The New York Times ran a small story last week titled “What Do All These Phone Apps Do? Mostly Marketing” It makes the point that there are a number of iPhone apps whose primary purpose is advertising and/or brand building with the actual function of the application being almost secondary.
A good example cited is a ‘spirit level’ application from Stanley Works. While I don’t expect my local contractor to whip out his iPhone to make sure that the wall he is building is nice and level. It does a nice job of getting the Stanley name out there and build brand reinforcement as an innovative tool company. There are 400,000 downloads claimed for this application, which seems quite high (my guesstimate is that there are about 10 million at&t iPhone customers in the US) – which points to an amazing retention rate for an advertisement. No wonder, nearly every business is clamoring to get on the iPhone app bandwagon.
From what I have been able to tell, the same phenomenon is not as pronounced with Android, Windows Mobile, or Palm phones.
Just came across two other posts – from the attention digital blog a spreadsheet of ‘branded apps’ – it has been populated with iPhone apps (over 200) so far but there are tabs for Android, Blackberry and Palm. The second is a piece of analysis done by ComScore on the % of US Internet users who click on internet ads. Contrasting the 2007 and 2009 figures for all US internet users
It appears that the percentage of the internet user population that is ‘clicking’ through on Ads is declining significantly. 84% are not reached by the ad at all. As the mobile internet becomes more prevalent, maybe the dominant advertising model will become ‘sponsored apps’ and not click through advertising.
Finally got around to reading the WIRED September issue. In an article titled “Betting on the Store” Steven Levy makes the argument that the iPhone’s success is primarily due to their immense application portfolio (according to the latest Apple TV ads 75,000 or more)
While I would be the first to agree that the applications are impressive (same goes of course for applications on the PRE, Android, Windows Mobile and Symbian phones) but I think the days of the quantity of applications being the key success factor are about to disappear. There are just too many of them and managing your personal application catalog is becoming onerous at best.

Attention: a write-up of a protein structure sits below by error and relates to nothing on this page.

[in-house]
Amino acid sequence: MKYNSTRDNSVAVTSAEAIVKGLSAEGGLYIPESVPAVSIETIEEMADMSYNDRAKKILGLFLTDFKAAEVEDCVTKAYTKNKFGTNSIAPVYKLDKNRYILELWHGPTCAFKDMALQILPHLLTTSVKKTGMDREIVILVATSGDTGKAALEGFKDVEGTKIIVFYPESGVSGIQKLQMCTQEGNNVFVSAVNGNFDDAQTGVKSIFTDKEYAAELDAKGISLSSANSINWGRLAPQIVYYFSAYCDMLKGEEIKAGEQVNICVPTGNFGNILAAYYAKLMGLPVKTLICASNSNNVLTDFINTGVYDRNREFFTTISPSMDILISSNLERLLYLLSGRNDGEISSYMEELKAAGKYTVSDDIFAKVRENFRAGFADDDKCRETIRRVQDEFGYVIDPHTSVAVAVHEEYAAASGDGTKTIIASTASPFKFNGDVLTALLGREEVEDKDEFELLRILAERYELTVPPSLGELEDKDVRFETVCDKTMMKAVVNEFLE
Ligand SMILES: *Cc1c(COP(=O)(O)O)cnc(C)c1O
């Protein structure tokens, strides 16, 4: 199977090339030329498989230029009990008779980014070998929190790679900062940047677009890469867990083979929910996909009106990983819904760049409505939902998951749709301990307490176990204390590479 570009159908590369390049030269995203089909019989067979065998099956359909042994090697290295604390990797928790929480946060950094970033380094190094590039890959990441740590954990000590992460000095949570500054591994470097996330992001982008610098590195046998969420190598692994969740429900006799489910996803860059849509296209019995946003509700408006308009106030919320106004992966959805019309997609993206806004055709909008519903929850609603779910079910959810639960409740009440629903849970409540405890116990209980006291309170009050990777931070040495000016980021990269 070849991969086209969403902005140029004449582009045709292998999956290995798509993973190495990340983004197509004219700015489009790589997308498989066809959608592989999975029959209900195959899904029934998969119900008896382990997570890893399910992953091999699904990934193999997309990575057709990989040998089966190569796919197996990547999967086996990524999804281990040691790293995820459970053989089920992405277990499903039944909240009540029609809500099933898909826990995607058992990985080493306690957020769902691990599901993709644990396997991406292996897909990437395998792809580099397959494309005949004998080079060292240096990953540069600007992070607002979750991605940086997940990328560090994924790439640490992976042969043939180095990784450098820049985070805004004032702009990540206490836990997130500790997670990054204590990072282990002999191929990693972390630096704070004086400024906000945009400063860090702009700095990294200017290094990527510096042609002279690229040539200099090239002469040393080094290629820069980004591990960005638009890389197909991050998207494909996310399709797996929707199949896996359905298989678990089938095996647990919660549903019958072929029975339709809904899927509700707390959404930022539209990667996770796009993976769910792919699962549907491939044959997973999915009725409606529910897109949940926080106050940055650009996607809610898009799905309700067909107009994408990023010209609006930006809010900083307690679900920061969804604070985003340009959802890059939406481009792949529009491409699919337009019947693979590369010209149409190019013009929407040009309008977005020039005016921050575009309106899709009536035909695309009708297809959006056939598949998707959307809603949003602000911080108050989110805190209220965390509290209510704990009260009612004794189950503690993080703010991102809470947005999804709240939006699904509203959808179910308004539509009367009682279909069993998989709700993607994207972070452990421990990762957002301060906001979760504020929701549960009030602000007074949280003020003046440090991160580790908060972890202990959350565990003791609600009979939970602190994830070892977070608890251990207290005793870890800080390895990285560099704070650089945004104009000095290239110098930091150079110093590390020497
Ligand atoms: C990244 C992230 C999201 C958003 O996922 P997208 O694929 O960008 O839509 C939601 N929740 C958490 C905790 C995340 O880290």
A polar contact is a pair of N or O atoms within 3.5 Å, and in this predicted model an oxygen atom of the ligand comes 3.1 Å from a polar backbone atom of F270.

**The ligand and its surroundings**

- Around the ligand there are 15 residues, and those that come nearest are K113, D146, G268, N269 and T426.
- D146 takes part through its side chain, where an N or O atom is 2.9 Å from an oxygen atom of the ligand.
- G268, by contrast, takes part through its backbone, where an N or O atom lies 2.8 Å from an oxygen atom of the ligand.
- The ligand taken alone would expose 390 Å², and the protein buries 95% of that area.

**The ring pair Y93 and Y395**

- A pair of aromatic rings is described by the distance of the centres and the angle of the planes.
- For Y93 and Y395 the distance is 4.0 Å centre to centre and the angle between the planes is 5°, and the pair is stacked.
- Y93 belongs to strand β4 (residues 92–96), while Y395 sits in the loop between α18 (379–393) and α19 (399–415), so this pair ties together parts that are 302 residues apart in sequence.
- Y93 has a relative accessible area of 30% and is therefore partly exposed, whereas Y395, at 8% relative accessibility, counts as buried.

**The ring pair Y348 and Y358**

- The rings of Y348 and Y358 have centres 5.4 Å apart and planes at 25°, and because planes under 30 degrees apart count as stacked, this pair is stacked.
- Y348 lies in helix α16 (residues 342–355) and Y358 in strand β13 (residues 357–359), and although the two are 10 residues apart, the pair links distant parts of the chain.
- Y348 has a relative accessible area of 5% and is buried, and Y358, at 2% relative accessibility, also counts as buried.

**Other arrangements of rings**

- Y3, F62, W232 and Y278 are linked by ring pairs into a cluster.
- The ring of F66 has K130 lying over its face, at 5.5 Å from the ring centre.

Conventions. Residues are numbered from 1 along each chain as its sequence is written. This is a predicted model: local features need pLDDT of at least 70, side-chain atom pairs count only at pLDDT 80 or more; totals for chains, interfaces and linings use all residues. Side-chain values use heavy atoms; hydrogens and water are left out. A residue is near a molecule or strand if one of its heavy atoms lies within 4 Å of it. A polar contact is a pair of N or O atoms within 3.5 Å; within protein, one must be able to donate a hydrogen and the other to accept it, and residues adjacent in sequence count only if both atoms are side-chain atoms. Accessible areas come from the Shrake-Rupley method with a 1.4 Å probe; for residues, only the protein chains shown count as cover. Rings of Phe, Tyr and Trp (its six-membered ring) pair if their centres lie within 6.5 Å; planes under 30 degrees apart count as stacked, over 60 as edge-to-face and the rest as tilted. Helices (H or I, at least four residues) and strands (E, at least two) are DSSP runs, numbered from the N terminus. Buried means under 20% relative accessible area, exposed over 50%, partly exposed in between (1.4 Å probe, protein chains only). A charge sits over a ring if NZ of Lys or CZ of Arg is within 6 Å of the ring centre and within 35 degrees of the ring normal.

Now in the spirit of full disclosure, I have an Android G1 phone not an iPhone. But I think the same arguments apply – there are just so many applications (15,000 plus for the G1) and there are very few applications that are inherently exclusive to a platform – for example the Hey Where Are You application (iPhone exclusive) provides the same functionality as Google’s Latitude which is multi-platform). Plus looking across the mass of applications, there are a select group that get used regularly (e-mail), some occasionally (travel sites), some as needed (a dice throwing app anyone?). I would contend, that all platforms are well served by their application catalogs for regular use and even occasional use applications.
The implication is that Apple’s Application Catalog is the de facto ‘walled garden” and as such every mobile platform needs to have thousand and thousands of apps to succeed is just plain wrong.
There are lots of reasons for the iPhone’s success, the App Store is but a small part of it.
While the headline is a bit misleading, the 14 page report covers much more ground than just ‘mobile money’ The Economist makes a very strong case that the balance of power and innovation has shifted form the developed world to the developing world. I would very much recommend reading the article from start to finish but in the mean time these are the key points I gleaned from the article.
First and foremost, Why are mobile phones so important and impactful in the developing world? As the Economist states
… being able to make and receive phone calls is so important to people that even the very poor are prepared to pay for it. In places with bad roads, unreliable postal services, few trains and parlous landlines, mobile phones can substitute for travel, allow quicker and easier access to information on prices, enable traders to reach wider markets, boost entrepreneurship and generally make it easier to do business. A study by the World Resources Institute found that as developing-world incomes rise, household spending on mobile phones grows faster than spending on energy, water or indeed anything else.